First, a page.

One of the many pleasures of long association is the shorthand that grows up around shared experiences.
The inside jokes, of course, but also the phrases that recall countless afternoons spent elaborating on the germ of a story and the invented toponyms that map out a personal geography. The shared histories, the things we choose to remember and those we choose to forget, all of these create the stuff of durable friendship.
Over the years we’ve been hiking with our friend David, we’ve created a world at once starker and more magical than the Whatcom and Skagit counties described on most maps. Sick Bay, Soggy Saddle, Primitive Point. A land where mythical coo-gars roam and razzers and their drivers negotiate an uneasy peace with hapless adventurers. Mysterious portals into other realms that open and suddenly close, stranding travelers, whose resulting stories recount hard, if slightly comic, choices.
Many a conversation starts with “Do you remember the time…?” and carries on into discussions of how, exactly, the event in question came to be creatively misremembered.
Even within this fantastical realm, though, the search for Costa Rica stands apart.
The legend came about one spring a few years ago, on one of those early June days when western Washington most recalls a tropical rainforest. During those lengthening days in late spring, all manner of flora pushes so eagerly skyward that the forests seem a foaming mass of green.
On a day such as this, the air soft, the sky quietly blue, the leaves unfurled, the explorers stumbled onto Costa Rica.
As they hiked in companionable silence, the place suddenly, definitively, revealed itself to them as Costa Rica. In each of them arose, unbidden, a memory of travels undertaken long before they’d known each other: a sense of shared deja vu, in which the private past became a collective present. Each of them turned to the other–at the same time–and said as much. Astonished, each acknowledged the inherent rightness of that fact. The place was Costa Rica.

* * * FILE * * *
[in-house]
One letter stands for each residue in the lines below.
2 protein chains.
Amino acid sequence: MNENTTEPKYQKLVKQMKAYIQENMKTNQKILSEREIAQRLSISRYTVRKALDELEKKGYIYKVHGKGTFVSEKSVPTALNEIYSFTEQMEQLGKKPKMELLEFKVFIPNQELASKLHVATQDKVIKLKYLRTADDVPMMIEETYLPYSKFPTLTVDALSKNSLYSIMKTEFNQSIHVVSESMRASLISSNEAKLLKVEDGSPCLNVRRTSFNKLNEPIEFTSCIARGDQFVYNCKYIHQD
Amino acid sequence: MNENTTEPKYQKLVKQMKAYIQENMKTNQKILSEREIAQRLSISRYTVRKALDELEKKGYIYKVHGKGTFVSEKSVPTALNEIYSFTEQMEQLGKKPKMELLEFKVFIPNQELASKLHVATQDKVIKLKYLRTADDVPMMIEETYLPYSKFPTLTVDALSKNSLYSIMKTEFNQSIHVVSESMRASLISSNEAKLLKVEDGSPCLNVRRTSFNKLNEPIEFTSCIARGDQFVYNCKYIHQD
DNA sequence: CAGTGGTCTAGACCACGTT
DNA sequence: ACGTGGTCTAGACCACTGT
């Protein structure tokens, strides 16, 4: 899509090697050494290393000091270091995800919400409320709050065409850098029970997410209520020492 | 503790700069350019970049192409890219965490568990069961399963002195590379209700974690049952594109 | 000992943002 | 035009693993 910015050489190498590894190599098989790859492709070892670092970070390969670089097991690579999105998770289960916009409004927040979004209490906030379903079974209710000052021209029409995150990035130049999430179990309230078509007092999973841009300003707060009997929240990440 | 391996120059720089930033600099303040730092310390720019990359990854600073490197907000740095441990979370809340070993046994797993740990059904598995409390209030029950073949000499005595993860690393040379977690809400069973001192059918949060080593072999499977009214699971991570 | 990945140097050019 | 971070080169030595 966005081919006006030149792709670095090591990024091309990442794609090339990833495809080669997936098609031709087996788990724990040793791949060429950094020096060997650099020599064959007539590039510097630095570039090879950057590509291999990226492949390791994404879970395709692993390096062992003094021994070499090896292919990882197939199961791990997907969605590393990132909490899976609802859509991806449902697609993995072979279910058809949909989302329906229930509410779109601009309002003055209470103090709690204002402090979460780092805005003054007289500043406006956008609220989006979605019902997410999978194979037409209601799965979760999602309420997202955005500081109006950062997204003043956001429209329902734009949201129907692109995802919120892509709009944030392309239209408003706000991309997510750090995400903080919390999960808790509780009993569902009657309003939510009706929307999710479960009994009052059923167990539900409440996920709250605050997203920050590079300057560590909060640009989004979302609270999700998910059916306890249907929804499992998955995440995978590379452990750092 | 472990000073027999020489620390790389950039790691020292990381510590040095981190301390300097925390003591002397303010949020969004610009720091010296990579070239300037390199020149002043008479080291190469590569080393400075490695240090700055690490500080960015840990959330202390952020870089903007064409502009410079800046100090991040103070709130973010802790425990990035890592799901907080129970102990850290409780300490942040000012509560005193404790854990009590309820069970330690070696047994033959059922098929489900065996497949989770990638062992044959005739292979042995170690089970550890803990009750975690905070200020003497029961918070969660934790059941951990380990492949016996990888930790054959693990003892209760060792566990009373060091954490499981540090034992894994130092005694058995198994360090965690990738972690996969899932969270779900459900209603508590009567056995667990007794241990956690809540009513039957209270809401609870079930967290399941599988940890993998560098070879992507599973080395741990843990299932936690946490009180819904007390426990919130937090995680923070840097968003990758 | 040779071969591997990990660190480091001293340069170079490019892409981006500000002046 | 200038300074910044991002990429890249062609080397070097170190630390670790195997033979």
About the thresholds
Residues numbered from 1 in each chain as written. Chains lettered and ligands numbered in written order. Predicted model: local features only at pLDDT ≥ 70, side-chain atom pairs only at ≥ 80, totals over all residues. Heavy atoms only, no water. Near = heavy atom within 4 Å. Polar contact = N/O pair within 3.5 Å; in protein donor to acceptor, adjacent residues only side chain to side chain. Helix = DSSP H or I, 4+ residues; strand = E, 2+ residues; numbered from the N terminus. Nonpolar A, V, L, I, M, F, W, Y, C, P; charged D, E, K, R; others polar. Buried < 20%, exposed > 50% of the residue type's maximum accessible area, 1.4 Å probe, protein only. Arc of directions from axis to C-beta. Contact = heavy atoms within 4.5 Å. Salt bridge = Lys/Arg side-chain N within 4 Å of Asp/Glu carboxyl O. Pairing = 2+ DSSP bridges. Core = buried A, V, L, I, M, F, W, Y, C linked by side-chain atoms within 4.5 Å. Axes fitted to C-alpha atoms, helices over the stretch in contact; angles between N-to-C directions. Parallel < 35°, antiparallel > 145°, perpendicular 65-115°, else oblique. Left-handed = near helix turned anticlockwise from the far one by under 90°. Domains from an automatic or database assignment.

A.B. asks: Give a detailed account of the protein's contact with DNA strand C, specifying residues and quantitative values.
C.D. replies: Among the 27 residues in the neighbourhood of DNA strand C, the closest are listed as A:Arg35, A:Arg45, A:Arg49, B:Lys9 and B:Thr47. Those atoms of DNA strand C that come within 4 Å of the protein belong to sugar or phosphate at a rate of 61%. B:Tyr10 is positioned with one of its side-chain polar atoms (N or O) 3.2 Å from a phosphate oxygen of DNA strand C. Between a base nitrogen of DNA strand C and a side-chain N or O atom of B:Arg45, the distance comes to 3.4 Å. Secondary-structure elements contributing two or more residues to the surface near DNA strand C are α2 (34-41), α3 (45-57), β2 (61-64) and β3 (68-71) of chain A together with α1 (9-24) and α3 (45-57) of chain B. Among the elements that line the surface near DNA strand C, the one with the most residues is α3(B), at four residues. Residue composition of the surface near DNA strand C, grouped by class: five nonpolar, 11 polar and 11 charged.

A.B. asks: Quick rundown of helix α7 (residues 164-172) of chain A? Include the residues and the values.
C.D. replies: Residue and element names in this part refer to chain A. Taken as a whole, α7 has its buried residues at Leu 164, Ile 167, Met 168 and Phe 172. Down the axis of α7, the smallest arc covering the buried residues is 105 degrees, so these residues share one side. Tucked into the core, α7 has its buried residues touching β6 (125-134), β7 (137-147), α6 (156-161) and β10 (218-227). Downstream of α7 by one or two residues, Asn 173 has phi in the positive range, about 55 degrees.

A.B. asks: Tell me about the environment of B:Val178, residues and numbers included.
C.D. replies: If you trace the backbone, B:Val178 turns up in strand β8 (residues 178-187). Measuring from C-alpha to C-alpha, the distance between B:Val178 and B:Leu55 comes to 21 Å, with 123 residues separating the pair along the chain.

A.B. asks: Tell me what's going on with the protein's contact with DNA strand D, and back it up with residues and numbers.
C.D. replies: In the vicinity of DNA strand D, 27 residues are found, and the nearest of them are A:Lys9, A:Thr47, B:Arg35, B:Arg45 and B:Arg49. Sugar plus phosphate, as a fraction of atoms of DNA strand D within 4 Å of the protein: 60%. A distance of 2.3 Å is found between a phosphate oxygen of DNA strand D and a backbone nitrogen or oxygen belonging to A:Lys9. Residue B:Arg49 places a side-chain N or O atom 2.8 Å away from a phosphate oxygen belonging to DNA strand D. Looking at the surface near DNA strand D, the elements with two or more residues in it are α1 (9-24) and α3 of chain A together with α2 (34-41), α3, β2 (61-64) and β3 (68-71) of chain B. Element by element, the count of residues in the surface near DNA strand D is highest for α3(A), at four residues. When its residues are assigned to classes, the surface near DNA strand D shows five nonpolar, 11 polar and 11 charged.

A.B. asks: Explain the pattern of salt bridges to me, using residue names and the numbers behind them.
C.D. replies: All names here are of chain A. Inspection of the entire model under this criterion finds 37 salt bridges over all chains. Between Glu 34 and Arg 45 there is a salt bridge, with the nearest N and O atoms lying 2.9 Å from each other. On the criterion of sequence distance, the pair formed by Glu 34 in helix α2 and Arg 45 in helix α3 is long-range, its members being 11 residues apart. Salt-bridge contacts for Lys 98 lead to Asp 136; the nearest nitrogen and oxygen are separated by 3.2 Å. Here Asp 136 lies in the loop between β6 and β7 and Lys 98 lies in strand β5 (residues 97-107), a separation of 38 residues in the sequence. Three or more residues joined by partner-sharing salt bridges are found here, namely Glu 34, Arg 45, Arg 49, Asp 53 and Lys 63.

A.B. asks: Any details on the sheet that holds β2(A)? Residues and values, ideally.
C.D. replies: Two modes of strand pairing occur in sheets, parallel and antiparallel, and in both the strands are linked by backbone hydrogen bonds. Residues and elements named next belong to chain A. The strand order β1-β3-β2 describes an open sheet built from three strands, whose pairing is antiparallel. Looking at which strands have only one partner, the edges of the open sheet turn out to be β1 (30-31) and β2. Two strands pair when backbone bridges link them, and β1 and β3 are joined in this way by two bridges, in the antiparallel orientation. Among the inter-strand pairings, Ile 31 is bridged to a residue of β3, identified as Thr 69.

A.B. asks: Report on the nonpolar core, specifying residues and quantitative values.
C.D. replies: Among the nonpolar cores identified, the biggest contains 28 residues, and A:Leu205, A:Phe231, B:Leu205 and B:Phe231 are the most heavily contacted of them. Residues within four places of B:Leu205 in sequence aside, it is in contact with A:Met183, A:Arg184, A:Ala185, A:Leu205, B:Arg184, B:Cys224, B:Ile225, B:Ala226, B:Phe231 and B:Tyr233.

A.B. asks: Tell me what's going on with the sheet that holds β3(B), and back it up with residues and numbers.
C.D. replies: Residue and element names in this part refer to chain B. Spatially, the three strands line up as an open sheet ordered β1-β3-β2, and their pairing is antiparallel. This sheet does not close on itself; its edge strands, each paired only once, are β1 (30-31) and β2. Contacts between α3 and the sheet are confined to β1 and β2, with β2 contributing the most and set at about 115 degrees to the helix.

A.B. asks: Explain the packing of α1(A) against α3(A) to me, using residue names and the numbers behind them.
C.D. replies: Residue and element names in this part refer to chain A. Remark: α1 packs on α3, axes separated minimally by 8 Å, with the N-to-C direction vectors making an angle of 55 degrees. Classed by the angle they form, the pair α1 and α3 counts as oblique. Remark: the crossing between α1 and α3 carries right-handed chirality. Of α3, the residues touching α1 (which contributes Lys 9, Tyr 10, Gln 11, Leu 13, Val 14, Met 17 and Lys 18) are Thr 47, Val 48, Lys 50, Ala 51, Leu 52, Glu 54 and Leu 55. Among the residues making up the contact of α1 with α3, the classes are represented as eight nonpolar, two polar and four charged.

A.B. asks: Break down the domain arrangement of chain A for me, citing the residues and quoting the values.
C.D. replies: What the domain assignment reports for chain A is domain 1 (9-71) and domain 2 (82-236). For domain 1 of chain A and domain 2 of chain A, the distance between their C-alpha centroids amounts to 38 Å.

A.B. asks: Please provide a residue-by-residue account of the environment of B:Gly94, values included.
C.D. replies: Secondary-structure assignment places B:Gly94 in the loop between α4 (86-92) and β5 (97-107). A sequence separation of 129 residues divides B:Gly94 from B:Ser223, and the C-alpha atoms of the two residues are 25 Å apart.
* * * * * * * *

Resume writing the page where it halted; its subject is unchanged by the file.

Or so I’m told.
I wasn’t there that day, but I’ve heard the story enough times to know that the tale rings true.
Our most recent foray was a few weeks back, a damp and chilly day in late January that bore little resemblance to the climactic or psychic conditions that precipitated the original event. And yet we searched, tracing out the meandering footpaths and unofficial trails that would surely lead us back to Costa Rica. As we walked, we retraced the familiar contours of our friendship, talking about books and coin collecting and mutual friends, past weaving seamlessly into the present.
Two years ago in December, David retired after 20 years as a Spanish professor. Two years ago this month, he was diagnosed with multiple myeloma. Since then, he has traversed the strange topography of the American health care system, with its cutting edge therapies and arcane insurance regulations, as well as the private pain of dealing with the particulars of this disease. He has, perhaps miraculously, survived, sense of humor and spirits intact. Whereas adventures with him were, before, a weekly treat to be savored, they are now a gift.
We did not, of course, find Costa Rica that January day a few weeks ago.
We reasoned that our continued failure was because, well, Costa Rica isn’t the sort of place that you can just find. It is the kind of place that one stumbles upon, delighting in the simultaneous recognition of a shared reality. You certainly can’t find it by looking for it.
This is true, but only partially.
When it comes down to it, our search for Costa Rica represents the best sort of fiction: the search for a connection born of differences. For a shared reality. For the ability of words to shape alternate worlds in which to play out themes of love and loss, of struggle and futility and hope. For the ways in which we make meaning out of the things that happen to us.
And when you’re really lucky, of course, Costa Rica finds you.
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